The main philosophical merit of this proposal will become clear in the next section. For now, we can illustrate the proposal with one of Kant’s imperfect duties, the duty to develop one’s talents. The sort of self-perfection that interests Kant is achieved by consistent pursuit of it over time. It doesn’t matter whether I do an hour’s piano practice tonight: this single hour of practice won’t make a difference to whether I adequately develop my talents. A pattern of action, however – practicing for an hour five times every week – could clearly make such a difference. So it matters morally that I perform such a pattern, but not whether I practice on any particular evening; that, on my view, is the heart of imperfect obligation.

  1. Imperfect Duty & Cumulative Impact

Let’s circle back to the problem of cumulative impact. ‘Cumulative impact’ cases, in which many acts together matter morally while no particular one does, come in horizontal and vertical varieties. Ordinarily the focus is on horizontal cumulative impact, referred to as ‘collective action’: a matter of many individuals’ contemporaneous decisions aggregating into an important outcome. This is an important aspect of the phenomenon, and the only characterisation for cases like voting. But there are also cases of vertical cumulative impact: when a single individual’s decisions over time aggregate into something significant. The pattern-centred conception of imperfect duty is well-suited to address this latter category.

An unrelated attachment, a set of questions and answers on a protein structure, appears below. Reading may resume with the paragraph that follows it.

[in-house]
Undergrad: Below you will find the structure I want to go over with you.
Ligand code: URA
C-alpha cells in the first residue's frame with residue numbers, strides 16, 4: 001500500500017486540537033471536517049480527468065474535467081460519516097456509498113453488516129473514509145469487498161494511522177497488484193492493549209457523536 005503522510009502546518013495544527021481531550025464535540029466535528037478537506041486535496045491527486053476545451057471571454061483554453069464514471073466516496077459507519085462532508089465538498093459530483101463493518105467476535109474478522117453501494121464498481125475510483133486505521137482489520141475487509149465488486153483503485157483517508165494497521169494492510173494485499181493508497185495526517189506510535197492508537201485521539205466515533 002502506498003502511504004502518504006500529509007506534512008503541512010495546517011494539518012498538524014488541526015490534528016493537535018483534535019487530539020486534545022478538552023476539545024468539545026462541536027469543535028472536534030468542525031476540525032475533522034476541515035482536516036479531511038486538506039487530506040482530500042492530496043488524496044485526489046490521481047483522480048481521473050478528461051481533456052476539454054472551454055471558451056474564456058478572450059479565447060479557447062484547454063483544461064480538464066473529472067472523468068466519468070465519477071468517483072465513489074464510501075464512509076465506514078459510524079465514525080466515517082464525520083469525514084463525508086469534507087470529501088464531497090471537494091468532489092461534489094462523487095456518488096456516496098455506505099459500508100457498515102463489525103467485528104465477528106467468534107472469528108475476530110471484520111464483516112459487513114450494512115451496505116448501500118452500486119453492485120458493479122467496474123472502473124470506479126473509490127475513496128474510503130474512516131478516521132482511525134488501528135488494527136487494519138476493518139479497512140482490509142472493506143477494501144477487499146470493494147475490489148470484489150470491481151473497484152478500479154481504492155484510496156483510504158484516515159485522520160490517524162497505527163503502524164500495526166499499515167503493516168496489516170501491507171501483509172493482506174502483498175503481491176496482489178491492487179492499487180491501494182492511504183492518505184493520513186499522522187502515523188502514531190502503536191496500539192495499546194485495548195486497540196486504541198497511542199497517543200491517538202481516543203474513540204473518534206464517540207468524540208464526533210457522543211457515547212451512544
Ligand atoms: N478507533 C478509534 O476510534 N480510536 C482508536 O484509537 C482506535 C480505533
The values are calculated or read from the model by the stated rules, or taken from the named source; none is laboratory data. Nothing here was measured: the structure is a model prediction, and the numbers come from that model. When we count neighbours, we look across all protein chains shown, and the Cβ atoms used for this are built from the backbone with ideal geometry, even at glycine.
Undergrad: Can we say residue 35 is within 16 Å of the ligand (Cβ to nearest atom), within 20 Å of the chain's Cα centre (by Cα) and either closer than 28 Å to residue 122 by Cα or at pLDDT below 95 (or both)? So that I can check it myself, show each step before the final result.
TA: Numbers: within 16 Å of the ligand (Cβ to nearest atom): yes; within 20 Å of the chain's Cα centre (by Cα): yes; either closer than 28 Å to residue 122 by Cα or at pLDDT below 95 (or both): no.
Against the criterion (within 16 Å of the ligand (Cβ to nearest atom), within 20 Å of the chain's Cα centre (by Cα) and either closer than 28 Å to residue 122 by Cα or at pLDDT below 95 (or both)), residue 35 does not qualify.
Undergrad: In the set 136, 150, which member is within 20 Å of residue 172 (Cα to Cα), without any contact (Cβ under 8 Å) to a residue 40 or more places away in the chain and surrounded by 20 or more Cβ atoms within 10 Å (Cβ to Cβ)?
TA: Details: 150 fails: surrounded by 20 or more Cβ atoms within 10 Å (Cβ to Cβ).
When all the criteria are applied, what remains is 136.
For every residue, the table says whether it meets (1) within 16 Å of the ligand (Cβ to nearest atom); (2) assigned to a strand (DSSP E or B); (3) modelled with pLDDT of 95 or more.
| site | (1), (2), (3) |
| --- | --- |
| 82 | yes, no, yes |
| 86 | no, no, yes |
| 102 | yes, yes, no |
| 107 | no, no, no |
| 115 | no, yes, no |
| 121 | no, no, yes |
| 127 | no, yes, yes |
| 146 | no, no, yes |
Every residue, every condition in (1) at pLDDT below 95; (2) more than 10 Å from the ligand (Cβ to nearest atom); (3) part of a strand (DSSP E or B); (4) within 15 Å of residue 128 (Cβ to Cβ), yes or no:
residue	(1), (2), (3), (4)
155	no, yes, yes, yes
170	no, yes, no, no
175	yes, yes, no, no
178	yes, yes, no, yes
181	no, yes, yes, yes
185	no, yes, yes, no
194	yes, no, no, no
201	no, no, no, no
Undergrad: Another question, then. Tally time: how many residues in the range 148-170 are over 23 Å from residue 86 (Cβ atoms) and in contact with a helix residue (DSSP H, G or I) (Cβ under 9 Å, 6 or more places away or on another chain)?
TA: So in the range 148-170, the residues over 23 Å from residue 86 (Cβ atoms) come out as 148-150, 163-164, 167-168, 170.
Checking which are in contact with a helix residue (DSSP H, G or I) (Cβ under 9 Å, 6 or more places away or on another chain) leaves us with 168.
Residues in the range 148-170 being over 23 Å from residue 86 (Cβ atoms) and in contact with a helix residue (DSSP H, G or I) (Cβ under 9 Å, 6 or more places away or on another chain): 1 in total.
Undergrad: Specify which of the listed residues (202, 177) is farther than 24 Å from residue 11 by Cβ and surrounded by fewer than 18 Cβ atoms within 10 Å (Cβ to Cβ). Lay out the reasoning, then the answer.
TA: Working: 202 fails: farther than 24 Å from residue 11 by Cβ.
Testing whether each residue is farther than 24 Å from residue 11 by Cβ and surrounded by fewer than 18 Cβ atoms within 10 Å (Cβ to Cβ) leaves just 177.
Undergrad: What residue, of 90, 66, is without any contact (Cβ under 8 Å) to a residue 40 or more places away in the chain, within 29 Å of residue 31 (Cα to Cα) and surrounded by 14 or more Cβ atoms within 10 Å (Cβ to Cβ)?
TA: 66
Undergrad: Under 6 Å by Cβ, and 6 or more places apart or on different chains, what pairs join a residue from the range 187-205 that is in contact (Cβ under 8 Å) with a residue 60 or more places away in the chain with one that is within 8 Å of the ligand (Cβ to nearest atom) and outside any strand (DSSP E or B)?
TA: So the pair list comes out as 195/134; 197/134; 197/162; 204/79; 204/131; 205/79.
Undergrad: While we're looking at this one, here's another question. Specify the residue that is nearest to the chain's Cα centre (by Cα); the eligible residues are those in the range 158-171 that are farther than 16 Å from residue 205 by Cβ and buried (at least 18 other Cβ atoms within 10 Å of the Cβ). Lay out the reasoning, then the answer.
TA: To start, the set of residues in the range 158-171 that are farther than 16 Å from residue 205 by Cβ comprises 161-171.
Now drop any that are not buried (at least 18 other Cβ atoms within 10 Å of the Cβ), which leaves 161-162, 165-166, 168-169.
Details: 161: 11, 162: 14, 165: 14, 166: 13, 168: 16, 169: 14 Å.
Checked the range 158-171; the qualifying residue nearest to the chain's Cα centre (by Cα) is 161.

Many cumulative impact cases are both horizontal and vertical. It would make a difference if everyone cycled rather than drove today; but it would also make a difference if I cycled rather than drove every day. My decisions over time have an aggregate impact which is morally significant, and which I can affect through consistent patterns of action even if no particular choice matters. If protecting living conditions for future generations or reducing animal suffering are important goals, then we each have a duty to enact behaviour patterns which greatly reduce our carbon emissions and meat consumption. Hence the duties to reduce carbon emissions or not eat meat are imperfect.

With these cases in hand, it becomes even clearer how the pattern-centred conception solves the core dilemma about imperfect obligation. How could it be a matter of moral indifference whether I eat meat on some particular occasion? Because it is a literal matter of indifference; nothing of moral importance will change as a result of that choice. Then how could there be a duty to eat less meat in general? Because that behaviour pattern does affect something of moral significance. The dilemma no longer has any bite.

On this conception, imperfect duty illustrates the point about morality that Warren Quinn’s ‘puzzle of the self-torturer’ makes about prudential rationality: to properly understand the reasons bearing on our actions, we must view them as parts of patterns or strategies, not only singly.[10]

  1. Conclusion

Imperfect duty is not a total solution to all the problems associated with cumulative impact. For one thing, it doesn’t offer anything for purely horizontal cases like voting. Moreover, I don’t want to overstate the problems of other responses to the problem which have been proposed. In fact, one particular merit of recognising imperfect duties to reduce energy and meat consumption is how this proposal can combine with – and improve the power of – other ways of responding to the problem of cumulative impact.